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March 1989

Home Oxygen Therapy for Chronic Lung Disease in Extremely Low-Birth-Weight Infants

Author Affiliations

From the Eudowood Pediatric Respiratory Science Division (Drs B. Hudak and Loughlin) and the Eudowood Neonatal Pulmonary Division (Drs Allen and M. Hudak), Department of Pediatrics, The Johns Hopkins University School of Medicine, Baltimore, Md.

Am J Dis Child. 1989;143(3):357-360. doi:10.1001/archpedi.1989.02150150115028

• Chronic lung disease that requires prolonged oxygen therapy commonly complicates the recovery of extremely low-birth-weight infants (<1000 g). We report follow-up data through 18.5±0.9 (mean±SEM) months of age in 30 extremely low-birth-weight infants (birth weight, 783±24 g; gestational age, 26.0±0.3 weeks) who were discharged home receiving supplemental oxygen. Oxygen was prescribed to maintain arterial oxygen saturation at 95% or greater. At discharge, postconceptional age was 40.5±0.6 weeks, and weight was 2220±50 g. Duration of home oxygen therapy was 4.5±0.5 months. The mean weight percentile increased from less than 5 to 23 between discharge and the last follow-up. All infants survived; only 6 required hospitalization for acute medical illnesses. We conclude that carefully supervised home oxygen therapy permits the safe early discharge of selected extremely low-birth-weight infants with chronic lung disease.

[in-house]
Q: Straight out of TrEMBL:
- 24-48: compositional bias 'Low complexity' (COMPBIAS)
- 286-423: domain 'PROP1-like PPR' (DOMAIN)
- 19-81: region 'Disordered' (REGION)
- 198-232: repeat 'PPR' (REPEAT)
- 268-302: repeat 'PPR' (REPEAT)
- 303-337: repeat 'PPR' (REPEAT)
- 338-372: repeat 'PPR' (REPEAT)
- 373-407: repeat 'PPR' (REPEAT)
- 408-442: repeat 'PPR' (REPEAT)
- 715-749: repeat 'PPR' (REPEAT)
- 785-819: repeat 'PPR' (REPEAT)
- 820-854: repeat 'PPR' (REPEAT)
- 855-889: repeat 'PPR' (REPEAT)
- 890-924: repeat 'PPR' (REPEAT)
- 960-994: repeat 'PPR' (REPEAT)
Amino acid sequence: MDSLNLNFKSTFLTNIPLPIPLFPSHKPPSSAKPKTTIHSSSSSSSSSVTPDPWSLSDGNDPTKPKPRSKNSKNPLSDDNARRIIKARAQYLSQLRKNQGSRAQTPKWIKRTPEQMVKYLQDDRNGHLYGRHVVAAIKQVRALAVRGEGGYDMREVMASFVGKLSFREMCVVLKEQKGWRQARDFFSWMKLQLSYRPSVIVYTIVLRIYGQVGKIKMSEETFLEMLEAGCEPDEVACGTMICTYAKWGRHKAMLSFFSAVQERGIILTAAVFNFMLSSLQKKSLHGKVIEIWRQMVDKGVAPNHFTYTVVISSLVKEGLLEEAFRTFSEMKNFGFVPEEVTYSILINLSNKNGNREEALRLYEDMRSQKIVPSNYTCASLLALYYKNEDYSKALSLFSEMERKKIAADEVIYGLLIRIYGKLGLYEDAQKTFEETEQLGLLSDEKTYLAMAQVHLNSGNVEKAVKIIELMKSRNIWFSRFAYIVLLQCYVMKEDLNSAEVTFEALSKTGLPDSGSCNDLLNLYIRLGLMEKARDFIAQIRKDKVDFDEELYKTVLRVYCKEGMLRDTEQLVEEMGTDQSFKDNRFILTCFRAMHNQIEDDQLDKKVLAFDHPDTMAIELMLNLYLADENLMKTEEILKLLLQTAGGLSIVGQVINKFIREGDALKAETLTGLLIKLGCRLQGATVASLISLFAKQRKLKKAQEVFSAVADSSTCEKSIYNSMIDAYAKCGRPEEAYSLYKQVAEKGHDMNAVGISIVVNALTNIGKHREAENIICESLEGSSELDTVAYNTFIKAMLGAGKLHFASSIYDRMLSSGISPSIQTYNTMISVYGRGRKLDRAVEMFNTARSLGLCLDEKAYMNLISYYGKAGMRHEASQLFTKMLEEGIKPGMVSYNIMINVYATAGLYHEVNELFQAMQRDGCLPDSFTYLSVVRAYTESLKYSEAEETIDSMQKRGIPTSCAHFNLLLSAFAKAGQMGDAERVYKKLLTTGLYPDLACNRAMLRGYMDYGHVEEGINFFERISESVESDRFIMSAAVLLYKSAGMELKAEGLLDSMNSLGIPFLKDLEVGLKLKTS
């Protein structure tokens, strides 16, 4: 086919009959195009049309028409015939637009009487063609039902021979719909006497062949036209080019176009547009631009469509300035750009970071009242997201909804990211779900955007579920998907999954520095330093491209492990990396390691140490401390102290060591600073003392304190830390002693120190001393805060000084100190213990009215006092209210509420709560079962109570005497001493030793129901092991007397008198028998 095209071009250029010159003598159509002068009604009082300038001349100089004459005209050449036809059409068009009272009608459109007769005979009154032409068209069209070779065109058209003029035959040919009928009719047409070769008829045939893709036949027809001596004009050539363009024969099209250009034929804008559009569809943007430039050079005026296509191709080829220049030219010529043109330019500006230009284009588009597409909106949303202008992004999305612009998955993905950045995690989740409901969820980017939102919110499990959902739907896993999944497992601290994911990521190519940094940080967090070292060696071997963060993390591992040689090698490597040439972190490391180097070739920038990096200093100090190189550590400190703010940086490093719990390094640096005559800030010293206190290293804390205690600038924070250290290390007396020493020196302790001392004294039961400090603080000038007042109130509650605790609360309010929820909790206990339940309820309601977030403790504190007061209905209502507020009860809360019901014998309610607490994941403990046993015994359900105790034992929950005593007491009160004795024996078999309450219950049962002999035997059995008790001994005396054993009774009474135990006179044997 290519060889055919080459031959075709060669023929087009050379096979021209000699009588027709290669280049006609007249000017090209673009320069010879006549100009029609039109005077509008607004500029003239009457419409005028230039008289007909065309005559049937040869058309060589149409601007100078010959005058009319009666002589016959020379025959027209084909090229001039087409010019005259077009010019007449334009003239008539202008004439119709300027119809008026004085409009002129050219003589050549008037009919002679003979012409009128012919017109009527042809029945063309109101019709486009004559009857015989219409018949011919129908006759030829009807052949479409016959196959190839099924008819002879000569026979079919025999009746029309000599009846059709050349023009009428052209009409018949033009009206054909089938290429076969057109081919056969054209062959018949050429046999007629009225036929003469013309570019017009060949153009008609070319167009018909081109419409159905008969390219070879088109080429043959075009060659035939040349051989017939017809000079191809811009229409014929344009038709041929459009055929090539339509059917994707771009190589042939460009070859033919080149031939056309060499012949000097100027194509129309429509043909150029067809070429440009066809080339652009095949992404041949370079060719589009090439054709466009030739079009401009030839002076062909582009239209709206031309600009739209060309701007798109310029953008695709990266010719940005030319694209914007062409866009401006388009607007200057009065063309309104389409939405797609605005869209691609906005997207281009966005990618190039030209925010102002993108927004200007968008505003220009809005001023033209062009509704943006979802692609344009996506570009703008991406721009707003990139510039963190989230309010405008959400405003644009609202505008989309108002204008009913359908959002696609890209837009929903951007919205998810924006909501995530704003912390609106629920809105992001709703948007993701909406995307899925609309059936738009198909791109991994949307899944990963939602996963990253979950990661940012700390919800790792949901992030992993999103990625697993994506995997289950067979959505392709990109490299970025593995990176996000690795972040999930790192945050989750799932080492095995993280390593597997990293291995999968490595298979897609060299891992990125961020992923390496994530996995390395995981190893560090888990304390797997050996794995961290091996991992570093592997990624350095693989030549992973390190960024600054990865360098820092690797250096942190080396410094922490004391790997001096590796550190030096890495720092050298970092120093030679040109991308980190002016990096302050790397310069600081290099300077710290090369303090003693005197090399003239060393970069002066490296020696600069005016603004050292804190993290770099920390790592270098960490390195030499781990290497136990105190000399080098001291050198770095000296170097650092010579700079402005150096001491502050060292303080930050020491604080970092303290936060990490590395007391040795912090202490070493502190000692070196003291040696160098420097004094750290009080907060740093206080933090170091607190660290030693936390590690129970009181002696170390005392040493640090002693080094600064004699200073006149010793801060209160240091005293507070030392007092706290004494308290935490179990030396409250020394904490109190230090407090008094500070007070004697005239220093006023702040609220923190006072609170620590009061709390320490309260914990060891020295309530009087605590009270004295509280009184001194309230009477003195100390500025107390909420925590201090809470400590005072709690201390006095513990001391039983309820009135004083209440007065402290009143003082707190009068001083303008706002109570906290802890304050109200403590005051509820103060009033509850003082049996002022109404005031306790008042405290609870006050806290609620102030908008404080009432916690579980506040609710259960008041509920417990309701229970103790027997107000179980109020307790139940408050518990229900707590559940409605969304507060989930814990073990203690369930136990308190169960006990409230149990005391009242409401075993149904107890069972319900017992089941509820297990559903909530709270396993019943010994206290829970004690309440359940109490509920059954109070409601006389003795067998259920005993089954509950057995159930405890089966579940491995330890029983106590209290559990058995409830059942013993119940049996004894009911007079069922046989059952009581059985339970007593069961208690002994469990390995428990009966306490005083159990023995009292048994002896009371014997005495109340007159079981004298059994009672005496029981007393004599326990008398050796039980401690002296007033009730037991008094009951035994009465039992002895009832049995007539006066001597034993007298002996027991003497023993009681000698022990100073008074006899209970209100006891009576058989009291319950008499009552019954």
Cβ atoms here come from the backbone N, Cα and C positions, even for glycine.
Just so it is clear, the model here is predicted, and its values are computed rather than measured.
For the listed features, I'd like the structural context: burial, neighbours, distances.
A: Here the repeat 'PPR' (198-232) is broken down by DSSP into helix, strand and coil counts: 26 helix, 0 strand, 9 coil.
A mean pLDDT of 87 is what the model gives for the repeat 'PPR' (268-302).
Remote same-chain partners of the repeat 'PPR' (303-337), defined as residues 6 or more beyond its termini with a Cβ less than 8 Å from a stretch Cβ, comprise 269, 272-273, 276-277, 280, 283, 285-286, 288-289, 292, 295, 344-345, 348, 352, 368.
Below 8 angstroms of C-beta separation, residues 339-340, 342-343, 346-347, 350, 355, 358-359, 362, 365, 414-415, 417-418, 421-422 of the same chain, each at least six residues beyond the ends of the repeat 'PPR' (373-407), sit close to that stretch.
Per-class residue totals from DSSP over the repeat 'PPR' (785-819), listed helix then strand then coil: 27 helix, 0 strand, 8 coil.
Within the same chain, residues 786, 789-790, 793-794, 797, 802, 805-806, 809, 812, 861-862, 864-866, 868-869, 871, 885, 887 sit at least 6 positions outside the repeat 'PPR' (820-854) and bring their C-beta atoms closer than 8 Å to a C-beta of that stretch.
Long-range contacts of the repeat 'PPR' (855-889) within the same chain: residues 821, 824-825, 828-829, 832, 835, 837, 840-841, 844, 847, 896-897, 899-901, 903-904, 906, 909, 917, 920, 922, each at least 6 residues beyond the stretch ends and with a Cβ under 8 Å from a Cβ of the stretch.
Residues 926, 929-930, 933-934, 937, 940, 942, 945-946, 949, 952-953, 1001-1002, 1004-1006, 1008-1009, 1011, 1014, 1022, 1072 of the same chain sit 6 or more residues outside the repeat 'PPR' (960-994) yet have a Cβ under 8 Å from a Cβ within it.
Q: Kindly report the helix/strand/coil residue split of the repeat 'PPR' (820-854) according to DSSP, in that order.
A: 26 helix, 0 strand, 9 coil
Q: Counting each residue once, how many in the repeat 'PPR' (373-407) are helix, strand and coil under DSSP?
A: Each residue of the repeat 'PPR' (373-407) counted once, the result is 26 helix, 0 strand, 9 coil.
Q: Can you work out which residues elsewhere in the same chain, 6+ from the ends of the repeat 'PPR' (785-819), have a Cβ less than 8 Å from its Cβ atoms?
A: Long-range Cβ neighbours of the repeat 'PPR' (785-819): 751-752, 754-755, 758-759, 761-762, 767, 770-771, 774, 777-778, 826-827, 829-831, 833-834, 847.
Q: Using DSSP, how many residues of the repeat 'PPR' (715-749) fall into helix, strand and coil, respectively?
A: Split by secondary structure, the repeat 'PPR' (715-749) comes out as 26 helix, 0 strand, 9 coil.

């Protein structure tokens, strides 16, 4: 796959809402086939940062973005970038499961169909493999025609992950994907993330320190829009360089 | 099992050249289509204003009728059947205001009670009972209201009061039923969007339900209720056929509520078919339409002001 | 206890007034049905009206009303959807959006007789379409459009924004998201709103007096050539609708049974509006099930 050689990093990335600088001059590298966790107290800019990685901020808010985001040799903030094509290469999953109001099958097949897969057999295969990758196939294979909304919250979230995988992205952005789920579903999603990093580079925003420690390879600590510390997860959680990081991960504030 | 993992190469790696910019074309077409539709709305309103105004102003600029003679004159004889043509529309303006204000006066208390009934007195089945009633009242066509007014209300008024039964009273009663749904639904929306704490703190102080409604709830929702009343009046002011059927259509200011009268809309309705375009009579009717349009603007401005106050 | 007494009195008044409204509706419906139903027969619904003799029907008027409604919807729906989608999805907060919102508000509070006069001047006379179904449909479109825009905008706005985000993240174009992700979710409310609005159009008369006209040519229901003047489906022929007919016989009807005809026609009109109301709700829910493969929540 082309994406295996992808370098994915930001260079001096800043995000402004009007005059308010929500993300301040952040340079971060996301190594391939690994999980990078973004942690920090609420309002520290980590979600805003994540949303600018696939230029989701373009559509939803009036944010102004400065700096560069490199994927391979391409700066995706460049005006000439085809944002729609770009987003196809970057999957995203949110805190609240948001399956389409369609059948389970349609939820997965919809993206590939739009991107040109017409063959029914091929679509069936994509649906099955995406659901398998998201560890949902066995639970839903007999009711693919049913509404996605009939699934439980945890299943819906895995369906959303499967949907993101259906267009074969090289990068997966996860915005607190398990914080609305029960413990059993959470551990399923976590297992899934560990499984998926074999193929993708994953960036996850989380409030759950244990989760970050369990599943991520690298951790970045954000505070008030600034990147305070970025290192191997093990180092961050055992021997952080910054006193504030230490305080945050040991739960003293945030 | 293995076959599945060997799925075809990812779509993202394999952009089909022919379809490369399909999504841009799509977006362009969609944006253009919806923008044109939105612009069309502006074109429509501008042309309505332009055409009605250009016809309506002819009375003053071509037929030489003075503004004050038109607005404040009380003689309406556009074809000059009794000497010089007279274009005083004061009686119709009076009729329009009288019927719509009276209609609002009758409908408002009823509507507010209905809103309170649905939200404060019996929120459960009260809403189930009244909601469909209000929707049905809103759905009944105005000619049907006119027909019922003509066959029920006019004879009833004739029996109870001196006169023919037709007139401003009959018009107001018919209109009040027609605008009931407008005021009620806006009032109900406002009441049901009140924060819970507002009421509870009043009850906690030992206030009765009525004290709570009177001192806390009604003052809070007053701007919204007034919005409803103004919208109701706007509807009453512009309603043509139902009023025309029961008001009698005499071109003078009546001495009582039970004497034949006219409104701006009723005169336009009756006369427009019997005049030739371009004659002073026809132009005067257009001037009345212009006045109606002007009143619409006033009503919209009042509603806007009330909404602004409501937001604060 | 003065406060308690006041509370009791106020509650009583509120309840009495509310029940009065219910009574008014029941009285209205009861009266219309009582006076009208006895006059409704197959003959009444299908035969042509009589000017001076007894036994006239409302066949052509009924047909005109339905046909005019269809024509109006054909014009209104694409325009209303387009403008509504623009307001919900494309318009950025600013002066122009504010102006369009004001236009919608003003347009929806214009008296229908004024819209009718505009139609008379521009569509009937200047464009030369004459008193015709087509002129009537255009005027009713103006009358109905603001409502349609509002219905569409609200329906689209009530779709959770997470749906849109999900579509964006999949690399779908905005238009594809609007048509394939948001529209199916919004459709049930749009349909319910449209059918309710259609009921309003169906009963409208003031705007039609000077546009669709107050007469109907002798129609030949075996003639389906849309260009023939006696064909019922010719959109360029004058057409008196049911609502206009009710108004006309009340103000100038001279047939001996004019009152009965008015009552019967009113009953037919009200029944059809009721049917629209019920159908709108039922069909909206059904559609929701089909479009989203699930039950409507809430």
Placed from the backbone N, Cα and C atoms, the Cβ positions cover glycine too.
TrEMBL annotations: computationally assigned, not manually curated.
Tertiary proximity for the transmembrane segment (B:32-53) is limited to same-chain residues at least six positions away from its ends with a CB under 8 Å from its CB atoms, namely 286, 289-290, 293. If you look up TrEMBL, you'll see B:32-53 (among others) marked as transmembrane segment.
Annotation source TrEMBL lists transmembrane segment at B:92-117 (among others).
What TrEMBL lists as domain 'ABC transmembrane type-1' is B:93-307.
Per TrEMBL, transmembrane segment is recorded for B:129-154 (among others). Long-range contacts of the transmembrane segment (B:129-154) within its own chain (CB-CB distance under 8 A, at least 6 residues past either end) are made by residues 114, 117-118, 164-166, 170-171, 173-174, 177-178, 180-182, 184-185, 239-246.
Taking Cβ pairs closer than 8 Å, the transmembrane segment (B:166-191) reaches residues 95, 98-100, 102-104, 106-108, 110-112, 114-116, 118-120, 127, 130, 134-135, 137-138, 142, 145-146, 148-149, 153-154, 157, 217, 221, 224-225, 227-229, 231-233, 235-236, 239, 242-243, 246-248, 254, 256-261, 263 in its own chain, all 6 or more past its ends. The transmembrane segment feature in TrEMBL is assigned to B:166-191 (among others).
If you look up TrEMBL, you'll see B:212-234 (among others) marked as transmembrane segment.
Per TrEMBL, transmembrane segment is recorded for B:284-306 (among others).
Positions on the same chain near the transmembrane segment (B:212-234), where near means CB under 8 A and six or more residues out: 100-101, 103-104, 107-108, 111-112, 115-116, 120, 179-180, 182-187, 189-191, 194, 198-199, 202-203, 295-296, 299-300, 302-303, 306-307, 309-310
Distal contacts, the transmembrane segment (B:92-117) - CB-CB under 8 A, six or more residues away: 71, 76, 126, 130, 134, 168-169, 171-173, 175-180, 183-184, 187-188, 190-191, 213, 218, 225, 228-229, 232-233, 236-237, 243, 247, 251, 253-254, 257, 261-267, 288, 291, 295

(AJDC. 1989;143:357-360)

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